Sunday, March 20, 2005

The Dialectic of Unenlightenment

David Horowitz is a fucking moron. The left-wing-nutjob-turned-right-wing-nutjob is — for those who don't follow the topsy-turvy world of higher education and politics — the driving force behind recent efforts to "diversify" academia, urging states like Colorado and Minnesota to mandate ideological diversity on university campuses by (among other things) "protecting" conservative students from the agony of hearing "uncomfortable" ideas. Flogging the trojan horse of "diversity," Horowitz and his supporters propose that states adopt some version of his "Academic Bill of Rights," which is (to quote a recently-proposed piece of legislation in Ohio) "dedicated to restoring academic freedom and educational values to America’s institutions of higher learning." In Ohio, according to state Sen. Larry Mumper, "80 percent or so of them (professors) are Democrats, liberals or socialists or card-carrying Communists" who — instead of just trading cheap, furtive sex for grades — apparently insist that students adopt their political and religious (oh, sorry, anti-religious) views before receiving their monogrammed copies of "The Little Red Songbook" and The Noam Chomsky Reader.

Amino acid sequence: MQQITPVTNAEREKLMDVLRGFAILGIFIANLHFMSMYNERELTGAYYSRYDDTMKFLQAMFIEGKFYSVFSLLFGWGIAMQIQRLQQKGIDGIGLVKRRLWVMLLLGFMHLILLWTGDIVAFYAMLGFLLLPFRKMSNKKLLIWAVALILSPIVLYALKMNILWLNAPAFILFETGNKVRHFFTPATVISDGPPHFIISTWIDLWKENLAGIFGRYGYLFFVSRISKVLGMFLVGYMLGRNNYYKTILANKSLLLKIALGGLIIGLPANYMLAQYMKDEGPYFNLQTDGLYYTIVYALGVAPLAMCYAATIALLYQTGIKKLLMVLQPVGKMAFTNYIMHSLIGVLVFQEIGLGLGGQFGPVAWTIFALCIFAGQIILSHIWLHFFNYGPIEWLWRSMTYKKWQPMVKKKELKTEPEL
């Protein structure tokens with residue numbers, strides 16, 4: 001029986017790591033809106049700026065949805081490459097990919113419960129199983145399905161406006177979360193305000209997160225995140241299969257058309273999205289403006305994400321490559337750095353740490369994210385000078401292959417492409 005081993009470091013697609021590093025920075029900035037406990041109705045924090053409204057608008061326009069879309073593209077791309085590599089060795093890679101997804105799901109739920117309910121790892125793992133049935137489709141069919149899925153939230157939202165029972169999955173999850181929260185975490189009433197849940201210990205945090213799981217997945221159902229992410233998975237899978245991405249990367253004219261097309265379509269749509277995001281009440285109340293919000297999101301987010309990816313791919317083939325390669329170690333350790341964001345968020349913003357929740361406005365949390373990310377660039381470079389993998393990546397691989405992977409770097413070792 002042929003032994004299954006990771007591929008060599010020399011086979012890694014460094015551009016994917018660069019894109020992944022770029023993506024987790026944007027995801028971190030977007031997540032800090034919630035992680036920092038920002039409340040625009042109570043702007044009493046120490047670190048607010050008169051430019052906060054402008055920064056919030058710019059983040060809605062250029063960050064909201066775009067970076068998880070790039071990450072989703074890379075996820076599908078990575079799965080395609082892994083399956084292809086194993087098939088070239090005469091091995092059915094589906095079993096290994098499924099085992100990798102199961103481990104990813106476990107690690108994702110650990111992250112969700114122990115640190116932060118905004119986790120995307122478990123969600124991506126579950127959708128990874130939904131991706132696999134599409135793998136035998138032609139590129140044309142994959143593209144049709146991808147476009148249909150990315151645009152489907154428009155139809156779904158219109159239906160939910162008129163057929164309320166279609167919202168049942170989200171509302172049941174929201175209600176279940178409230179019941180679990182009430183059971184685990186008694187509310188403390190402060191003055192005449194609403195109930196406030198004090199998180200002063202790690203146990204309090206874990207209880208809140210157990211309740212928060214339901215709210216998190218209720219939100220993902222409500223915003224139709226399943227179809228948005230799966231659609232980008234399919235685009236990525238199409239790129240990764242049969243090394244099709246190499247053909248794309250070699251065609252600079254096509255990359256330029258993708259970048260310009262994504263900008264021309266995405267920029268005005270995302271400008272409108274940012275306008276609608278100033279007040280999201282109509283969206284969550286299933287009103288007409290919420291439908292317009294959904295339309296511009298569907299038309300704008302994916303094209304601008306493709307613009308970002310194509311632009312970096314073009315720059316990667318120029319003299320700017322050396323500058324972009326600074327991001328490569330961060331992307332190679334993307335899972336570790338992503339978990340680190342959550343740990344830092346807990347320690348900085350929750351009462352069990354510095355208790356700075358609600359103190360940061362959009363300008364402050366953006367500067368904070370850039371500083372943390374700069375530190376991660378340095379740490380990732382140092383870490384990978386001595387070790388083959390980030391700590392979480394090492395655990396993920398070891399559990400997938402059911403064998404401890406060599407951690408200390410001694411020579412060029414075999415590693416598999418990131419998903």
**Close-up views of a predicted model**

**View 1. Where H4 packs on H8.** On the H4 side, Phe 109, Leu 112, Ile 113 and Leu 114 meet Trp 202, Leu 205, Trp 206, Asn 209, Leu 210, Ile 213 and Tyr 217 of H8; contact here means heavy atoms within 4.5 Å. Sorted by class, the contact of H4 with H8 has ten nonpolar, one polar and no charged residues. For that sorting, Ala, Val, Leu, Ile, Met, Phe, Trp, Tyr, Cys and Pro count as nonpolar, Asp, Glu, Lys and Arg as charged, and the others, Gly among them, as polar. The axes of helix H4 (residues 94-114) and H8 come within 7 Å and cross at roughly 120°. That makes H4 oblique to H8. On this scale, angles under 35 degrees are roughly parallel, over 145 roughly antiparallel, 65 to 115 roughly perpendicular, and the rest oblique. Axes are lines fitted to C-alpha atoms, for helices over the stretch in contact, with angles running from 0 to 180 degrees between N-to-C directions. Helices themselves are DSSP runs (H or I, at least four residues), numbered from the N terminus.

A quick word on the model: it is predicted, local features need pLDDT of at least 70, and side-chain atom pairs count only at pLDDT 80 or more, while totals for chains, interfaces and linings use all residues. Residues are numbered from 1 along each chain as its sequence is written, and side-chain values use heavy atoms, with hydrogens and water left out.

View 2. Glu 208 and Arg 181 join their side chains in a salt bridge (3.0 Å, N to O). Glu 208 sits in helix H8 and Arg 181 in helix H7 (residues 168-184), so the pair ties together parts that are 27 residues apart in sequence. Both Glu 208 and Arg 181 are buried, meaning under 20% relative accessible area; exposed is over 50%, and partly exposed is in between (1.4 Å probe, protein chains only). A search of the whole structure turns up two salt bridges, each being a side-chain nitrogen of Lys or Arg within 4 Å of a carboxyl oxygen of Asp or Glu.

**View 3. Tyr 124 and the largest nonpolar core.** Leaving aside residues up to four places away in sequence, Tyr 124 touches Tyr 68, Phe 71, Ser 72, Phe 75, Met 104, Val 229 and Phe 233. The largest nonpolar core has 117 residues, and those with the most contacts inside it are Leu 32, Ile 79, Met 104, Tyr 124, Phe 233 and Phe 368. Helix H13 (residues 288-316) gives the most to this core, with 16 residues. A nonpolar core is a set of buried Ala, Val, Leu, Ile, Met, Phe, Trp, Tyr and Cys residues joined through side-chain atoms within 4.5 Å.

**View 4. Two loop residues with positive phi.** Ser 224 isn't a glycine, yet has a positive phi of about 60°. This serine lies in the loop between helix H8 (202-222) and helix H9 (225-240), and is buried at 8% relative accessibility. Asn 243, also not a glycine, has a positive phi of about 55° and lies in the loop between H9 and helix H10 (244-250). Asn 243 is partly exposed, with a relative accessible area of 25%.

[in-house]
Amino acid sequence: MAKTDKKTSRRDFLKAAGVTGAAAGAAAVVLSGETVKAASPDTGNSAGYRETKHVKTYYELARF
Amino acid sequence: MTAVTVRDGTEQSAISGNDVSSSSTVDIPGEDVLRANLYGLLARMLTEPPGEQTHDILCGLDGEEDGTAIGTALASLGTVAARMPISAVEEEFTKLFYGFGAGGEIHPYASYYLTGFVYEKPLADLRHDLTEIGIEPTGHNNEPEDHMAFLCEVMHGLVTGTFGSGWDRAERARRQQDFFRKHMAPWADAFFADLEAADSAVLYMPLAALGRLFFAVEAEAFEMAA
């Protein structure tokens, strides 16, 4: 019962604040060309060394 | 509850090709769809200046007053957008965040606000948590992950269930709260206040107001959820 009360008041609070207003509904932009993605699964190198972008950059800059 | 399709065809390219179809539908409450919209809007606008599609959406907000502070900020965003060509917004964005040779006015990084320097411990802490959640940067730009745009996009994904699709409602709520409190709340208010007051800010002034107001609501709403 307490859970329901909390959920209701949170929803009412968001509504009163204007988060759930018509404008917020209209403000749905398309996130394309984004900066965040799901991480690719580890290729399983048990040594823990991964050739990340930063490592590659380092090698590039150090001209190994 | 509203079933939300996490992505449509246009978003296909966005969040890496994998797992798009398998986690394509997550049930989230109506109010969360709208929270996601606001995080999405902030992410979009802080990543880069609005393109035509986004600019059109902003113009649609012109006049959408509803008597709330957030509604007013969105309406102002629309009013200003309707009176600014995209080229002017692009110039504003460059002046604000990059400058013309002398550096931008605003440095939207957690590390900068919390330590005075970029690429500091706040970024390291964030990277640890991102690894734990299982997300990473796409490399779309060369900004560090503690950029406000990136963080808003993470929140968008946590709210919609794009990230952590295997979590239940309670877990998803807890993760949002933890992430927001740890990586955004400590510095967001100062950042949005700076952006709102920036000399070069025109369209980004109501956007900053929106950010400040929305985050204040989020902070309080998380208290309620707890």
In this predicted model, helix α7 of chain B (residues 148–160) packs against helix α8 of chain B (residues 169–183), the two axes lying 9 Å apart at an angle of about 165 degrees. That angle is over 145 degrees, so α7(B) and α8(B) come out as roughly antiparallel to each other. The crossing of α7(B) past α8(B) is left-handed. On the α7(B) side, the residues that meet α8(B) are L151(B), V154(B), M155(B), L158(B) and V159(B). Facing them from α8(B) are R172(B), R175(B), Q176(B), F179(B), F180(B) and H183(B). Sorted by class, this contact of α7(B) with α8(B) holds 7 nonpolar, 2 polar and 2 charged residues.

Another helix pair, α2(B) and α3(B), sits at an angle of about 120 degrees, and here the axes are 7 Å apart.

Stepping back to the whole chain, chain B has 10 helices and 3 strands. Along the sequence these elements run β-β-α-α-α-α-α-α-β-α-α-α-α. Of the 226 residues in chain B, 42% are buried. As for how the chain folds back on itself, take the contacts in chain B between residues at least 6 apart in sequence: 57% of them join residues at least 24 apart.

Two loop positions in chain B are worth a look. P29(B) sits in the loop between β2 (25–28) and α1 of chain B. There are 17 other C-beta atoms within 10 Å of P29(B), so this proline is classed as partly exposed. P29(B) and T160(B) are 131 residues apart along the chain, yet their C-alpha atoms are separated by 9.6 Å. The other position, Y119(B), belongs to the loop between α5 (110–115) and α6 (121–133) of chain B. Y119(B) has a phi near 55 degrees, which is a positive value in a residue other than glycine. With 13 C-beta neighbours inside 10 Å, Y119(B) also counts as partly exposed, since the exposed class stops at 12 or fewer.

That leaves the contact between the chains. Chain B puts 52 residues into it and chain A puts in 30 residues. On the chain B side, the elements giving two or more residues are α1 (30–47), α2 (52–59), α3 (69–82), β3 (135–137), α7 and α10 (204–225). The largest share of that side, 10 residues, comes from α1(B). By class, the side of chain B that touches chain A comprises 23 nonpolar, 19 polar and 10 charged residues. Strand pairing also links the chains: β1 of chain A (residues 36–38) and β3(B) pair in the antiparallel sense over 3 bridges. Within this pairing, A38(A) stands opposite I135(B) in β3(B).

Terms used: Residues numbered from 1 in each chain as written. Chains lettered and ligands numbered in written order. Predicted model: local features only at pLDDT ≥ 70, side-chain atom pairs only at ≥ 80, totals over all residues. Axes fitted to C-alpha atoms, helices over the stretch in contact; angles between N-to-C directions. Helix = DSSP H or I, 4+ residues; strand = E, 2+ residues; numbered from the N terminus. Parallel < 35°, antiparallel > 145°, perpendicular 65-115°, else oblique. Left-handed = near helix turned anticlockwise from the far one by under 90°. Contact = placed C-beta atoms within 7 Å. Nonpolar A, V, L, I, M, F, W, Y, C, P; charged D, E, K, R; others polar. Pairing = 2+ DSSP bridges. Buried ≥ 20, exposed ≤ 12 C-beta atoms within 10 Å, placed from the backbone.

As Russell Jacoby points out in The Nation, these sorts of claims lack evidentiary grounding; to use a term of art, they're bullshit. (Mumper's quote reminds me of my friend Eran, the funniest hydrologist you'll ever meet, who once told a local newspaper reporter that "73 percent of statistics are just made up on the spot." Sadly, the reporter chose not to quote this important observation.) In any event, Horowitz and friends like to argue (on the basis of very thin evidence, as Jacoby points out) that most humanities and social science faculty are "liberal" or that they tend to vote Democratic, and they suggest — but would never directly claim — that such political preferences will tend to generate a biased learning environment that makes conservative students feel, well, "uncomfortable." At places like Front Page Magazine and Students for Academic Freedom, Horowitz displays his preference for anecdotal evidence and bloviated reasoning, generating a homemade echo chamber that feeds directly into the tent revival universe of Fox News and right wing talk radio. On the SAF website, for example, Horowitz posts an open letter to the American Association of University Professors (AAUP) insisting that students' academic freedom has been "abused on an unprecedented scale" by the ogres of "political correctness"; as evidence for this mighty assertion, Horowitz invokes four anecdotal cases — two of which have been severely called into question — and a handful of unscientific opinion surveys pertaining to faculty voting preferences, which Horowitz uses to suggest the existence of a "hiring bias" against conservatives. There's no need here to review the multiple degrees of stupidity that would allow someone to draw a straight, declarative line between unscientific, anecdotal evidence and unscientific survey data. The stupidity should speak for itself. (But if it doesn't, read the Jacoby article. If that doesn't work, look at this. No, that website isn't a parody, but this is. And now that I think about it, Gargamel — yes, the bad guy from the Smurfs — was clearly promoting a right-wing agenda....)